What is the Cornea?
The cornea is the clear front of the eye that covers the colored iris and the round pupil. Light is focused while passing through the cornea, so we can see. To stay clear the cornea must be healthy.
Corneal Infections & Diseases
The cornea can be damaged by trauma or injury. At other times, bacteria or fungi from a contaminated contact lens can pass into the cornea. Situations like these can cause painful inflammation and corneal infections called keratitis. These infections can reduce visual clarity, produce corneal discharges, and perhaps erode the cornea. Corneal infections can lead to corneal scarring, which can impair vision and may require a corneal transplant. A hereditary condition called Fuchs’ dystrophy, and Keratoconus, a thinning of the cornea, are examples of other conditions that can cause corneal failure.
A corneal transplant is needed when the clarity of the cornea is such that vision cannot be corrected with eyeglasses or contact lenses, or if painful swelling cannot be relieved by medications or special contact lenses.
Until the last few years, full-thickness corneal transplantation was the procedure performed to treat most disorders affecting corneal clarity. The drawbacks of induced astigmatism, unpredictable refractive changes, weakening of the eye and risk of graft rejection prompted development of faster, safer, and better solutions. The disorder of corneal clarity caused by disorders of the endothelium can be cured by replacement of that layer as opposed to the entire cornea.
A procedure known as Descemets Stripping Automated Endothelial Keratoplasty (DSEK) revolutionized corneal transplantation. In this operation, the abnormal endothelial layer is removed and replaced by a thin disc of donor endothelium placed inside the eye through a small peripheral incision. The tissue adheres to the back of the cornea because of the natural suction applied by the healthy endothelium. The improvement in corneal clarity begins immediately, and patients often are able to get new glasses one month after surgery. The risk of graft rejection is halved in comparison with full-thickness transplantation, and the possibility of globe rupture is significantly reduced. For many with corneal clouding, DSEK offers more predictable visual outcomes.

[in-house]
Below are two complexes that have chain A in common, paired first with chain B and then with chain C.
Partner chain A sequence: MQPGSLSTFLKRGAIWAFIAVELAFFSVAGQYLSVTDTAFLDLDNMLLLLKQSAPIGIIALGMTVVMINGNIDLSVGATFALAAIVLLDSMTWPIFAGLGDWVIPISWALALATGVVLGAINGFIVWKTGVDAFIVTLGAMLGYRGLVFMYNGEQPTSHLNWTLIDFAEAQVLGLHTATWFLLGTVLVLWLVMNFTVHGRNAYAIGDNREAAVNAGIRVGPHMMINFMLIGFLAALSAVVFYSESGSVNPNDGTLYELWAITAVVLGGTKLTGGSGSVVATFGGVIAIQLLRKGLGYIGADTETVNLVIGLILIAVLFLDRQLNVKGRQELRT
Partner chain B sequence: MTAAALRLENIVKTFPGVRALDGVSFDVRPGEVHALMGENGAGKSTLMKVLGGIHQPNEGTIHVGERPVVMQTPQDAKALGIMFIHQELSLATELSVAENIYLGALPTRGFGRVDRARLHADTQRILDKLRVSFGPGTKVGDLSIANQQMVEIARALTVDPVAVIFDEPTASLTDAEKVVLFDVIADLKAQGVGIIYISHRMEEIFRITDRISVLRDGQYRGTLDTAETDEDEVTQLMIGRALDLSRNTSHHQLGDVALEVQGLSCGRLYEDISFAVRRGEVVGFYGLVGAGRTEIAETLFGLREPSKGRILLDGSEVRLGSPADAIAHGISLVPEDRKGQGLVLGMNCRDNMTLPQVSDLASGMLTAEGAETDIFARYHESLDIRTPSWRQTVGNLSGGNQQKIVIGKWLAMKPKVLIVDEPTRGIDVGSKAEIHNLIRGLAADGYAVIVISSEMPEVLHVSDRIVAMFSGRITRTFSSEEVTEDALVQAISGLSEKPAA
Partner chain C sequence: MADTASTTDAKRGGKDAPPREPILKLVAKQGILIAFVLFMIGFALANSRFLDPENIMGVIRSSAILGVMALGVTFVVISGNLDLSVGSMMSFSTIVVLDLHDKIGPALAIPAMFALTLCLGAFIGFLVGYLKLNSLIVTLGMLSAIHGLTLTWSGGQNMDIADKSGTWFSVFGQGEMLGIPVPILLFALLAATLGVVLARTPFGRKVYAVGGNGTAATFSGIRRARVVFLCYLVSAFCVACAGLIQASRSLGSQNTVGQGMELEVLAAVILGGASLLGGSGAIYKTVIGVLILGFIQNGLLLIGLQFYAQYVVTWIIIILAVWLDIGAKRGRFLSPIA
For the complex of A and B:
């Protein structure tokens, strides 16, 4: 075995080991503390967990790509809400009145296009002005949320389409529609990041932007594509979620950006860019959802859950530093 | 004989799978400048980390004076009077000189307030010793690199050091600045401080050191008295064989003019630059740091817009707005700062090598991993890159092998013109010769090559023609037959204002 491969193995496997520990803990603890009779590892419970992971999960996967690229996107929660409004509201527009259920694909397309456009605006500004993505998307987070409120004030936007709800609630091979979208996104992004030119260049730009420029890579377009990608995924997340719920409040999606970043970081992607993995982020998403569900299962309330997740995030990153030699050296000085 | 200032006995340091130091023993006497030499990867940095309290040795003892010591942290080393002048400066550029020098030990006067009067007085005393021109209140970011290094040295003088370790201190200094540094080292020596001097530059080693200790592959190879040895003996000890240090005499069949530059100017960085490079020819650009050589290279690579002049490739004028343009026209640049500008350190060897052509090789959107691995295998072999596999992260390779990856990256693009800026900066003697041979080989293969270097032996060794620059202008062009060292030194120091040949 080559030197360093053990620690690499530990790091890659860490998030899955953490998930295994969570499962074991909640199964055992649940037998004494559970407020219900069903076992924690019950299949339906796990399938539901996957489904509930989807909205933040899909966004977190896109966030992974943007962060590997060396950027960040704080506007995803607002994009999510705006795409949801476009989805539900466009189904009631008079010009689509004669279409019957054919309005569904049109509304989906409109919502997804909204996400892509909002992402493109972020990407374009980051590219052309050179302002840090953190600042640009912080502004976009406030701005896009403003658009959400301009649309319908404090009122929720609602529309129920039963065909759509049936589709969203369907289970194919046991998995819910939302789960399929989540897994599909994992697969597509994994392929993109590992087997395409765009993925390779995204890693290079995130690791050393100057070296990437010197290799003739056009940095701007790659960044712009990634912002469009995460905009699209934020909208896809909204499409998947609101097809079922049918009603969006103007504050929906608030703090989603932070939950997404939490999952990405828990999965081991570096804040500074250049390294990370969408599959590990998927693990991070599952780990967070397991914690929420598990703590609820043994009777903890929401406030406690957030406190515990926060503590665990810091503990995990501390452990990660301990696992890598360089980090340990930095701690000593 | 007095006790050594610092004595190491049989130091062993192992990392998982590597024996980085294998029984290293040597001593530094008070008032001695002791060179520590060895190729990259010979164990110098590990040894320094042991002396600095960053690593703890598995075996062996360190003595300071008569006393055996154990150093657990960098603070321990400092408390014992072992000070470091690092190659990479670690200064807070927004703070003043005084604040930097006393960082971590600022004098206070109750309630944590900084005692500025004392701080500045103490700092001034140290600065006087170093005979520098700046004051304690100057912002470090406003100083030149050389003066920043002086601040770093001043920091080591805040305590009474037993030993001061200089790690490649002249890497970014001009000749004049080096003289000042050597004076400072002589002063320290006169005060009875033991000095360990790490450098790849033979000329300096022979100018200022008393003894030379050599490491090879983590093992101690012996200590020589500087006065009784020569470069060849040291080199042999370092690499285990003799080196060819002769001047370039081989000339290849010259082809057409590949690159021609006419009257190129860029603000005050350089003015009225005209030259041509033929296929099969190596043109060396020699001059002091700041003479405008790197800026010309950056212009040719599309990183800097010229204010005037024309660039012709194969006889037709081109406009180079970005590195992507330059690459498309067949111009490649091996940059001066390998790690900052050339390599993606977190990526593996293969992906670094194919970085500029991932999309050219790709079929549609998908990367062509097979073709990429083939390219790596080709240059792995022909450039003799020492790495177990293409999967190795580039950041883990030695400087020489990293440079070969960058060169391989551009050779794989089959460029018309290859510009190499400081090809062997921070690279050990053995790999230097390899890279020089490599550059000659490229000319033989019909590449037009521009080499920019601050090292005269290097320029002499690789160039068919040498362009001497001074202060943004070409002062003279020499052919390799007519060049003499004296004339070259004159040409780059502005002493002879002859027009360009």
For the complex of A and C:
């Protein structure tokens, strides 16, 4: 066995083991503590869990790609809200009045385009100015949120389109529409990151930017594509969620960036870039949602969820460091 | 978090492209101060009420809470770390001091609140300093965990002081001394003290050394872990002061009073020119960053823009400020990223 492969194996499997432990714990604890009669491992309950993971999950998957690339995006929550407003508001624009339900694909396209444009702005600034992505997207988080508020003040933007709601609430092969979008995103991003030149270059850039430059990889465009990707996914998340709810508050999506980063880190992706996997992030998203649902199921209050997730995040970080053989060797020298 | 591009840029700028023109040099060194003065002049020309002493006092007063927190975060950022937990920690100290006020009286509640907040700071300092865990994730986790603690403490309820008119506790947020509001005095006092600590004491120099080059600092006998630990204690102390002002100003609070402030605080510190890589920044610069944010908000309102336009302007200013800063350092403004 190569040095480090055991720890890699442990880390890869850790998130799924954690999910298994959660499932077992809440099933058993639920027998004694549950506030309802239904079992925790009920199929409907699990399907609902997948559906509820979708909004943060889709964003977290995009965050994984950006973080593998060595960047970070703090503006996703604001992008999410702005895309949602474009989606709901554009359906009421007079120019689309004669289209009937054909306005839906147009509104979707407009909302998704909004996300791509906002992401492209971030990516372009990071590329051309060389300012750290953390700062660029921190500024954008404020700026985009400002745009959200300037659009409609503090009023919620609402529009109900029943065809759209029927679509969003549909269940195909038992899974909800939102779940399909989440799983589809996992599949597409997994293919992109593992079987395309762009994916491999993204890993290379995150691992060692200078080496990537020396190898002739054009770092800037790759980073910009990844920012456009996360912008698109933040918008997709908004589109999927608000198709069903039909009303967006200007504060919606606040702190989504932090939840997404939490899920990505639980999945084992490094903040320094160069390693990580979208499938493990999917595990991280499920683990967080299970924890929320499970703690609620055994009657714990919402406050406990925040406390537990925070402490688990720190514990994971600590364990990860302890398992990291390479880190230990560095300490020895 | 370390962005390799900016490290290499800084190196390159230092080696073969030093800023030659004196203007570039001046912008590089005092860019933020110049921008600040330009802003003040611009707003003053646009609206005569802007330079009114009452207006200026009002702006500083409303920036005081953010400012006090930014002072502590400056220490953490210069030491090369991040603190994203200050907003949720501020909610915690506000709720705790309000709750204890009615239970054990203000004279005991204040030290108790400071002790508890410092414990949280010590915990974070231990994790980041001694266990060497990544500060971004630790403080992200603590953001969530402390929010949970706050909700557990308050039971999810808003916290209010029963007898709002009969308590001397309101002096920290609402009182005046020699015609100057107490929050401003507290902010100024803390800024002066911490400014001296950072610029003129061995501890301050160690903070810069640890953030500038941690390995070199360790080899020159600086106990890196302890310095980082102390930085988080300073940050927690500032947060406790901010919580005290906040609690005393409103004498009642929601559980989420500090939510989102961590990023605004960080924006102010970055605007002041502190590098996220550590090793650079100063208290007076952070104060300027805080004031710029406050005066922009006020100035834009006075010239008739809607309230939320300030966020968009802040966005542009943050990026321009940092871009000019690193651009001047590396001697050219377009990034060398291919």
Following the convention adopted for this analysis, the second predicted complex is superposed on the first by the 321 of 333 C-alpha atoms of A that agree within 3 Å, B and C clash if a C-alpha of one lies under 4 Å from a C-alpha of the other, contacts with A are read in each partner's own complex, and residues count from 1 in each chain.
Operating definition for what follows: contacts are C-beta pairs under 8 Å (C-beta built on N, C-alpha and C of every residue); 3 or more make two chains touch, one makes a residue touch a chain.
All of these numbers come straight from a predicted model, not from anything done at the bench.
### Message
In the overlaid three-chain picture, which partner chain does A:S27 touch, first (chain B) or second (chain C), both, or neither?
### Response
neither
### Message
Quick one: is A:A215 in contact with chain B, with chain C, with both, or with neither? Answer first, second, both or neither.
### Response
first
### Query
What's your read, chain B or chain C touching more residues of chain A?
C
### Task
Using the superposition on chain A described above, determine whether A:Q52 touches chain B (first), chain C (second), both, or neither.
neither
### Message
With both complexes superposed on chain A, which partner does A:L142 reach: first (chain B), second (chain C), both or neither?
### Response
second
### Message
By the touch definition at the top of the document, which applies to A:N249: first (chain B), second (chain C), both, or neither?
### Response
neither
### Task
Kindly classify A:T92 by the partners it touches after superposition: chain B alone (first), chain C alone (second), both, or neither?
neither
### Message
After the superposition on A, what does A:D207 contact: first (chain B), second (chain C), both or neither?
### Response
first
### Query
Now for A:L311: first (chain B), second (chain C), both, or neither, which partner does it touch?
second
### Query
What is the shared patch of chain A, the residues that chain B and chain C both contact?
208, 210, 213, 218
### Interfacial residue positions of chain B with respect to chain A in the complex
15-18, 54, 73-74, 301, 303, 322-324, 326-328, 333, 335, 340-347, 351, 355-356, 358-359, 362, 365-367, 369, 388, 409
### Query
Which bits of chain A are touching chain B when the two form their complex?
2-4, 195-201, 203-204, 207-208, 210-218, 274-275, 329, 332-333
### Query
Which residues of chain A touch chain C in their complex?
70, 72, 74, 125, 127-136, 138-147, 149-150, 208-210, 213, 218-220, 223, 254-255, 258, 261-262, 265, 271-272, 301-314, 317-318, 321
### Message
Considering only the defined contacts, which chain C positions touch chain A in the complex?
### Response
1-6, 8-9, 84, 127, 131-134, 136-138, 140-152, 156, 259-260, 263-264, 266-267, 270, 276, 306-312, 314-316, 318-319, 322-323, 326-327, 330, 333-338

Over the last decade a lot of progress has been made in the successful outcomes of corneal transplants. The latest is a new procedure known as Descemets Membrane Endothelial Keratoplasty (DMEK). DMEK further improves this procedure by using a thinner disc of tissue made up of only endothelium and Descemet’s membrane. This tissue is more difficult to handle, but once in place provides improved visual outcomes, as well as, decreased rejection rates compared to both DSEK and full thickness corneal transplants. DMEK may be a better option for patients with Fuch’s Dystrophy and no other serious ocular problems.